Brian Norman, Ph.D., assistant professor of English at Loyola University Maryland, recently published Neo-Segregation Narratives: Jim Crow in Post-Civil Rights American Literature. The book examines why writers continue to write stories of life under Jim Crow long after the fall of legal segregation.
Neo-segregation narratives gained popularity beginning in the 1970s, in tandem with neo-slave narratives,” said Norman, who also directs Loyola’s minor program in African and African American Studies. “These authors, including Toni Morrison, Alice Walker, Wesley Brown, and Colson Whitehead, as well as filmmakers such as Spike Lee, use depictions of life under Jim Crow in their work to address contemporary concerns about national identity. This upsets dominant narratives of achieved equality by addressing persistent racial divisions.”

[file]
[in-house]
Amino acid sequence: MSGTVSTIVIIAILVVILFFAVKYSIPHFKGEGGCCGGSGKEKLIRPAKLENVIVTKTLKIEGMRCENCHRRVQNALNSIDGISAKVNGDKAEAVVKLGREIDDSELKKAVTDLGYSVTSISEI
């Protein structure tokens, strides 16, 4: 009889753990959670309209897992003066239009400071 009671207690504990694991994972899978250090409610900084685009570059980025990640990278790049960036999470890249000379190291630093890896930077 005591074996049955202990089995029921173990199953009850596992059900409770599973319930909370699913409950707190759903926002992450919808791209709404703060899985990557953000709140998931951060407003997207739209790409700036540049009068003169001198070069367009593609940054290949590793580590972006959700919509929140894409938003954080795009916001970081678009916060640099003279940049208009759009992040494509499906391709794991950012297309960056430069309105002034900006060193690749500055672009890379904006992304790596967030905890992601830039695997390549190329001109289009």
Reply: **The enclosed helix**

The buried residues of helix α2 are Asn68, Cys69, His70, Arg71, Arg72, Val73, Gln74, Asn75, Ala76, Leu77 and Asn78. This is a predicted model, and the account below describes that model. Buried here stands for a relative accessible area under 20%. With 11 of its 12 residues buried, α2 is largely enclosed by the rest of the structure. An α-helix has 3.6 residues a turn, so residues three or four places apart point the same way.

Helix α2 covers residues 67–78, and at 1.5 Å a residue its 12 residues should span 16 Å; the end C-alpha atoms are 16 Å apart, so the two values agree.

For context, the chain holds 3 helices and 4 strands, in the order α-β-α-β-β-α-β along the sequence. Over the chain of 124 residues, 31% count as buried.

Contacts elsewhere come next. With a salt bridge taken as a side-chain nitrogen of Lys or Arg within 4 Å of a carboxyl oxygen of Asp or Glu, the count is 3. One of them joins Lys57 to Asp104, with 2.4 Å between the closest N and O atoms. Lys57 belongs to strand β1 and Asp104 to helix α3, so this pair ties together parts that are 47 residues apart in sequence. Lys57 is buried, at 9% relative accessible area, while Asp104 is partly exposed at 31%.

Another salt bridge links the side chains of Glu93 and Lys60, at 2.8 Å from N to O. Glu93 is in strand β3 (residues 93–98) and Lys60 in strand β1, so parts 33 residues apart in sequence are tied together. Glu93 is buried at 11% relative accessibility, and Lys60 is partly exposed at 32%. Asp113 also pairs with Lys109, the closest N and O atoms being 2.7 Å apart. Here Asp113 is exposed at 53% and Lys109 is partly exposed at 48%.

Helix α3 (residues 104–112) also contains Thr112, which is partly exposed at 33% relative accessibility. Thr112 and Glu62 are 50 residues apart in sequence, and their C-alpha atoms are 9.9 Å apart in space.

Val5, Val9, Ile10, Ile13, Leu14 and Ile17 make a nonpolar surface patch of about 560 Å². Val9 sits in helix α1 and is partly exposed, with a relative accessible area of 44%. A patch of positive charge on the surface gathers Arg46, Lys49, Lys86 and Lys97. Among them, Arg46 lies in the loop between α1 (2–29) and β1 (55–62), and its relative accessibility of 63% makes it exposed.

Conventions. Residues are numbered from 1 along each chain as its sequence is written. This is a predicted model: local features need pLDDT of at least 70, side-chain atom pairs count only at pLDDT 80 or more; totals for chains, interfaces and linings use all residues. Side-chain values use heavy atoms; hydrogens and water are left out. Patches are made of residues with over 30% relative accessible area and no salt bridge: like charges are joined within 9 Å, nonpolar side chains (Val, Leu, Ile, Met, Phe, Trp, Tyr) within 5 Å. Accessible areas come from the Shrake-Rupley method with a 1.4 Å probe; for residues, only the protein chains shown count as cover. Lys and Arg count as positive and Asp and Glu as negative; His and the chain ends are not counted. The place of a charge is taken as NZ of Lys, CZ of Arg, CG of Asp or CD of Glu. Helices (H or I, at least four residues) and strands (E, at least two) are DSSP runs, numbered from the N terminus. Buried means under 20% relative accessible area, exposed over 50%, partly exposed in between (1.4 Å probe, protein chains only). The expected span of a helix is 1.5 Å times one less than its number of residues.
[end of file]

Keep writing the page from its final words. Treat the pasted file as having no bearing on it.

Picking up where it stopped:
Norman, who joined Loyola in 2009, is a graduate of Pacific Lutheran University and earned his Ph.D. at Rutgers University. He previously authored The American Protest Essay and National Belonging and co-edited Representing Segregation: Toward an Aesthetics of Living Jim Crow, and Other Forms of Racial Division.
Neo-Segregation Narratives is available through all major booksellers.
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